Major Kira: This is my job.
Marritza: Persecuting Cardassians goes far beyond your job, Major; it’s your passion.
The teleplay was written by Peter Allan Fields; he also wrote the TNG eps “The Inner Light”, “Cost of Living”, and “Half a Life.” He wrote “The Forsaken” on DS9. This is ranked as one of the best eps of the entire series (by media critics, sci-fi writers, and fans). Aamin Marritza (veteran character actor Harris Yulin), a Cardassian suffering from Kalla-Nohra, turns to DS9 (and Dr. Bashir) for medical attention. Major Kira (Nana Visitor) goes into the infirmary and immediately recognizes the disease. He could only have contracted it after an accident in the labor camp (Gallitepp) on Bajor during the occupation. Kira helped liberate that camp, so she knows of the atrocities its commander (Gul Darhe’el) committed. Kira is determined to convict Marritza for war crimes; Cmdr. Sisko (Avery Brooks), Odo (Rene Auberjonois), and Bashir (Alexander Siddig) investigate further. The Cardassian first denies having the disease, then claims he was merely a filing clerk at Gallitepp. Sisko faces a tough decision, as the Bajorans wants him convicted, while the Cardassians want him released.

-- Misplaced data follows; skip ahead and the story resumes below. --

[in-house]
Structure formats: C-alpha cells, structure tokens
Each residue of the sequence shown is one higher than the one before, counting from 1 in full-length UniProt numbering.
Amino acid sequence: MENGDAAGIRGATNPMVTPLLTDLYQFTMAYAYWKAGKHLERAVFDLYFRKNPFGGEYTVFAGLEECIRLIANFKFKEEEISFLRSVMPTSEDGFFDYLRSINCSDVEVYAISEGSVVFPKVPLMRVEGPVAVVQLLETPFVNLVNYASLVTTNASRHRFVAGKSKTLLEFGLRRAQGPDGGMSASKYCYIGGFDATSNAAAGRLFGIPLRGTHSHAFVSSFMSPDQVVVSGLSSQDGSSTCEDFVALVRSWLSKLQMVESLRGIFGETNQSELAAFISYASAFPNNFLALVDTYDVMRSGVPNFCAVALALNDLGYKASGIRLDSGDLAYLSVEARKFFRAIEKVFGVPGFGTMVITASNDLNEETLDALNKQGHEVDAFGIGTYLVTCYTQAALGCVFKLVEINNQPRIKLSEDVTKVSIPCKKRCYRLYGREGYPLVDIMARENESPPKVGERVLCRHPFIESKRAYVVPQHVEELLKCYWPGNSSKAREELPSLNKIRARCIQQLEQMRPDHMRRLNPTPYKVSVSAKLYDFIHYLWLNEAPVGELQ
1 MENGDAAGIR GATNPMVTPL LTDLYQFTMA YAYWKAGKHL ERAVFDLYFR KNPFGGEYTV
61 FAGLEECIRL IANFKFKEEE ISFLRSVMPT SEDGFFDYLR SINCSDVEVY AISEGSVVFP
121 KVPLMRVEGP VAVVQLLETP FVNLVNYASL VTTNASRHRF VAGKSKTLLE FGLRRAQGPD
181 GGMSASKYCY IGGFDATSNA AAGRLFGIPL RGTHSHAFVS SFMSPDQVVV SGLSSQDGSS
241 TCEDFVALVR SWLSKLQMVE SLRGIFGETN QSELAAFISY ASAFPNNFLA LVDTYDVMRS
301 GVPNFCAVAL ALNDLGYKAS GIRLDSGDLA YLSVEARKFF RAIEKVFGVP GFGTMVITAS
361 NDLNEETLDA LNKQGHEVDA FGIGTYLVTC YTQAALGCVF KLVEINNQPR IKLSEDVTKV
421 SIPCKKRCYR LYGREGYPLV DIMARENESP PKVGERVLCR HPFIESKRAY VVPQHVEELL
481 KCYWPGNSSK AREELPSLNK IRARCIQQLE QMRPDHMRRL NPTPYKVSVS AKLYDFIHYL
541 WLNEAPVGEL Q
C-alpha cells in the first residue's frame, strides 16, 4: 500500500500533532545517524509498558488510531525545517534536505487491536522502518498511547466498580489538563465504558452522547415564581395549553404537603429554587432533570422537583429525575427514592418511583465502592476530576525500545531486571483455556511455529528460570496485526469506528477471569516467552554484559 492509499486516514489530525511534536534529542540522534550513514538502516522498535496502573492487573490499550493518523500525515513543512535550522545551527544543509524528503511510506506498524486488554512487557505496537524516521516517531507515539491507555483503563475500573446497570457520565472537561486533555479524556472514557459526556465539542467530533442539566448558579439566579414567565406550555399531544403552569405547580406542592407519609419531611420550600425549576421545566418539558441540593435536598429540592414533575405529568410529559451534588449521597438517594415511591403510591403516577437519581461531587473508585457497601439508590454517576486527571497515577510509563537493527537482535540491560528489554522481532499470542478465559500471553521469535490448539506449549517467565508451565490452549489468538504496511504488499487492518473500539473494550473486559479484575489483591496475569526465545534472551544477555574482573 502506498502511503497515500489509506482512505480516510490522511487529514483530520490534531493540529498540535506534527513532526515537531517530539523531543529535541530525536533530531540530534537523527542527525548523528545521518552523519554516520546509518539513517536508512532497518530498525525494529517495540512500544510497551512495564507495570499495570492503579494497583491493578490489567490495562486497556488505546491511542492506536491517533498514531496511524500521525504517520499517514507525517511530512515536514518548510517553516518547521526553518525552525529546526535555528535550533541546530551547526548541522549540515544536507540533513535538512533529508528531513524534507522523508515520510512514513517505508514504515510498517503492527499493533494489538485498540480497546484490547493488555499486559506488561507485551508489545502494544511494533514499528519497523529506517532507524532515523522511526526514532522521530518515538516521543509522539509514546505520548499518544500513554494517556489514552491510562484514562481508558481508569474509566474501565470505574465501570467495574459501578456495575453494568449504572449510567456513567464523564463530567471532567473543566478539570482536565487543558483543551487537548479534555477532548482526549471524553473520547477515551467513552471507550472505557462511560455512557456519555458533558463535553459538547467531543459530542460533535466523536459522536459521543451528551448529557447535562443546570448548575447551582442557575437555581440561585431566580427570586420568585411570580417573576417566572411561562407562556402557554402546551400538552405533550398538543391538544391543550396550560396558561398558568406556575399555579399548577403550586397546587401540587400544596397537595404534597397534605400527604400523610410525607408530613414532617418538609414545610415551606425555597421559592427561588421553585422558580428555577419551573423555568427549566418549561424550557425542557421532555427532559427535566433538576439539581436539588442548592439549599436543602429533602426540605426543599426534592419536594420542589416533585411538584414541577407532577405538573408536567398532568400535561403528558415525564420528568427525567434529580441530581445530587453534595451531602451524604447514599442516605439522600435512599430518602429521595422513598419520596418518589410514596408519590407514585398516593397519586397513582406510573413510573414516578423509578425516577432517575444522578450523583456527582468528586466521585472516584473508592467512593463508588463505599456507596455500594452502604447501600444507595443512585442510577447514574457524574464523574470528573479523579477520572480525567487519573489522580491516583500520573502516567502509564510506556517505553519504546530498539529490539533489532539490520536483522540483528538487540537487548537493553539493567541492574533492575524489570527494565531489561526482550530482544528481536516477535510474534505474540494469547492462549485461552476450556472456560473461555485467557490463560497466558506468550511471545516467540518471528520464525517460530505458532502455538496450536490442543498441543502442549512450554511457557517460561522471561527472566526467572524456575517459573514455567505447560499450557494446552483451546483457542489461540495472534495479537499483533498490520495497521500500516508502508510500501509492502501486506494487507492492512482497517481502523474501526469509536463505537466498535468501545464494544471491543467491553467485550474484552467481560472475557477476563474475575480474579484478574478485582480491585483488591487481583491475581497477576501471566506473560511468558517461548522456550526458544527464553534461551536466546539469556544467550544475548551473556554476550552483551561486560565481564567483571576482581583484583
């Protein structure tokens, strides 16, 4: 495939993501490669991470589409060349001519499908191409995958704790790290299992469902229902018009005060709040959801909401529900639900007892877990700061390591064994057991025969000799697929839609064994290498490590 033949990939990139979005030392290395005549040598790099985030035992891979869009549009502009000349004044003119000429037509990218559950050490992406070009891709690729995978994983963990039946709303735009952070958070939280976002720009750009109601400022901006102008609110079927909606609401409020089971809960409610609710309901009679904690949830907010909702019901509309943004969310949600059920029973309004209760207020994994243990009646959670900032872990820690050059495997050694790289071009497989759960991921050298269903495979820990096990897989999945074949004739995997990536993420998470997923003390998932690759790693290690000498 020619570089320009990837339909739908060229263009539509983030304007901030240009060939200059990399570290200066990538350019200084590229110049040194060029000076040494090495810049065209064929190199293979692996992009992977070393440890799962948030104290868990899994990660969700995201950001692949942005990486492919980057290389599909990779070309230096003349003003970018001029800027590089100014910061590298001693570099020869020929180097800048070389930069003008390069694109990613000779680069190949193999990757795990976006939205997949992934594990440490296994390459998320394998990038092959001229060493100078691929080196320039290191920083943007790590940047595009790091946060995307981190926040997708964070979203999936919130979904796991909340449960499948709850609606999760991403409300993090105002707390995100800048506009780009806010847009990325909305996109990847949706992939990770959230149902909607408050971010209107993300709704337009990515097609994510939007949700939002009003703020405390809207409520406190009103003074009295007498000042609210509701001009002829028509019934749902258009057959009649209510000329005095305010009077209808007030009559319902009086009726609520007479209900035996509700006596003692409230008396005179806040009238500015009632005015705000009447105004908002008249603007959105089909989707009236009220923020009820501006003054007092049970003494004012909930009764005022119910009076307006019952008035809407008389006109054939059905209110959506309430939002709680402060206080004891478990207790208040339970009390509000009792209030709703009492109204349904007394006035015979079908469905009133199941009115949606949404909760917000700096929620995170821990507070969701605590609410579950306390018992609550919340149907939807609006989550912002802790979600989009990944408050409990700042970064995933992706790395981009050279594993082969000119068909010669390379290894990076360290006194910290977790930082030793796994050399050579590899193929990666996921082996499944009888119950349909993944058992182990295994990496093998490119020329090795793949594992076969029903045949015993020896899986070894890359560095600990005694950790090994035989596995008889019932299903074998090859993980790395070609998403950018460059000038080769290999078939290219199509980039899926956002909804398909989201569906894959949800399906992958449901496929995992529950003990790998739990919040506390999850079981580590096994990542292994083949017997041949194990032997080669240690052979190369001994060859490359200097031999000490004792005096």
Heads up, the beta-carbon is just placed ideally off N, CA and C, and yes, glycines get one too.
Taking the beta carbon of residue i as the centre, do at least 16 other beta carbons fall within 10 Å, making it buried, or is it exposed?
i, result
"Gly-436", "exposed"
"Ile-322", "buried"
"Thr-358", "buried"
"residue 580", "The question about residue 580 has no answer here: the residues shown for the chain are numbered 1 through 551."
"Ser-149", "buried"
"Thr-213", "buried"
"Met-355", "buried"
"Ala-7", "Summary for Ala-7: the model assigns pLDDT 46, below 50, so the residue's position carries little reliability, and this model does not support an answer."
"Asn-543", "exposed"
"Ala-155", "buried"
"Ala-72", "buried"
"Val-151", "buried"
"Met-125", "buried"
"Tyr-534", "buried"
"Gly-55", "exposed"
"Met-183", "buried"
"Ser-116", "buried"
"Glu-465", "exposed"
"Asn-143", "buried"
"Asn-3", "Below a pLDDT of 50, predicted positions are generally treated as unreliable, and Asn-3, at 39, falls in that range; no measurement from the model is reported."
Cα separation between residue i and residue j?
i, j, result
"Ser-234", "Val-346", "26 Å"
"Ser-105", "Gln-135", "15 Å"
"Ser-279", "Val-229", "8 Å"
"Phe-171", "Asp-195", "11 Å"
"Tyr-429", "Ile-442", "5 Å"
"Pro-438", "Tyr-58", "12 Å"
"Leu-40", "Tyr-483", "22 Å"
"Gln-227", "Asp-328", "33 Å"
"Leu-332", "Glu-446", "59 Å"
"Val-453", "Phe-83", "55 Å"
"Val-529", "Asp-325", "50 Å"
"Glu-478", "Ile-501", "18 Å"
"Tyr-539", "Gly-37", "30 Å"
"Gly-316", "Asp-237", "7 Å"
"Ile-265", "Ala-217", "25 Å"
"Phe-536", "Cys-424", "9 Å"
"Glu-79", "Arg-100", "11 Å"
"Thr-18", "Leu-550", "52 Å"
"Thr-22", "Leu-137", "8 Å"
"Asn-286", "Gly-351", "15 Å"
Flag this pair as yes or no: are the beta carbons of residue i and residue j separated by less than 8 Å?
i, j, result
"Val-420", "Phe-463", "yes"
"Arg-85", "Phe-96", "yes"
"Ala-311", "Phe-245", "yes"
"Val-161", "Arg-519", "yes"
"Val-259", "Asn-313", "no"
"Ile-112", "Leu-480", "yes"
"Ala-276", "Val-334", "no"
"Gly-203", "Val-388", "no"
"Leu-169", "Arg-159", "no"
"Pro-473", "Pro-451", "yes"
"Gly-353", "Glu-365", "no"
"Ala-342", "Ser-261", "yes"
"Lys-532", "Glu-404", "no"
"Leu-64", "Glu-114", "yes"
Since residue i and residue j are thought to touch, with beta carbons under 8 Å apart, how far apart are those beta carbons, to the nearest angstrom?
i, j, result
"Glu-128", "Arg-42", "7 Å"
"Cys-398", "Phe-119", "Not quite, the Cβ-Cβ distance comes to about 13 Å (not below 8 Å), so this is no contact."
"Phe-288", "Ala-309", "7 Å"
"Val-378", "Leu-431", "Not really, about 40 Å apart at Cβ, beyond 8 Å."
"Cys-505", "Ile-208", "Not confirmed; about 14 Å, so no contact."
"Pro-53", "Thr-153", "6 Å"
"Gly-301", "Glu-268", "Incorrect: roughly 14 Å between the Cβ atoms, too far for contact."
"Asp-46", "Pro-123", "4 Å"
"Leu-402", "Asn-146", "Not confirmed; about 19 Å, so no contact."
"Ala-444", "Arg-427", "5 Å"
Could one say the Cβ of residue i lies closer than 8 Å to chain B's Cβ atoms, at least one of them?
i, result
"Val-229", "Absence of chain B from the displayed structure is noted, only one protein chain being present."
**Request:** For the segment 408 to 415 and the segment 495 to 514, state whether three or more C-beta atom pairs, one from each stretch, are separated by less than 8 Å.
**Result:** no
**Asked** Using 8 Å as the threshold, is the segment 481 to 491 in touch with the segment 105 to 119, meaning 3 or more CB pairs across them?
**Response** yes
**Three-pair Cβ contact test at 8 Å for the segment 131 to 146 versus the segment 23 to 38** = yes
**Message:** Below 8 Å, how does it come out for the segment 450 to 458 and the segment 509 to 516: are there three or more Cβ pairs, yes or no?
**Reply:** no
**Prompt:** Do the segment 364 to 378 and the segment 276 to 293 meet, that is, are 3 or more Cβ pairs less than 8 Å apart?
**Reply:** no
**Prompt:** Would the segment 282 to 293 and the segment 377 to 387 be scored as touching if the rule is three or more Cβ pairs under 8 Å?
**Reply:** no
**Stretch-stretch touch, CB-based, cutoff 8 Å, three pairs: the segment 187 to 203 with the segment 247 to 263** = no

Major Kira: If your lies are gonna be this transparent, it’s gonna be a very short interrogation.
Marritza: Well, in that case I’ll try to make my lies more opaque.
The intent of the ep (as many viewers will have already guessed) was to establish the Cardassian Occupation of Bajor as a metaphor for the German atrocities under the Nazi regime. The ep marks the first mention of the Shakaar resistance cell (of which Kira was a member). We also get to see Gul Dukat (Marc Alaimo) again; he plays a very important role in later seasons. What if this Cardassian is a lowly file clerk? Does he deserve to be persecuted (as if he were a powerful commander)? Early in the story, Kira tells Lt. Dax (Terry Farrell) that she considers all Cardassians (who participated in the occupation of her planet) to be guilty. As Kira and Marritza character engage in a “war of words,” we get strong commentary on the intricacies of war and the roles that are played by both sides.
 It is a beautifully written, performed, composed and produced episode.
 The central issue is the guilt of the coward: something that we all fear, despise, and yet sympathize with.
 The end result of the drama is just as surprising to the viewer as it is to the on-screen characters.
-Excerpts from IMDB reviews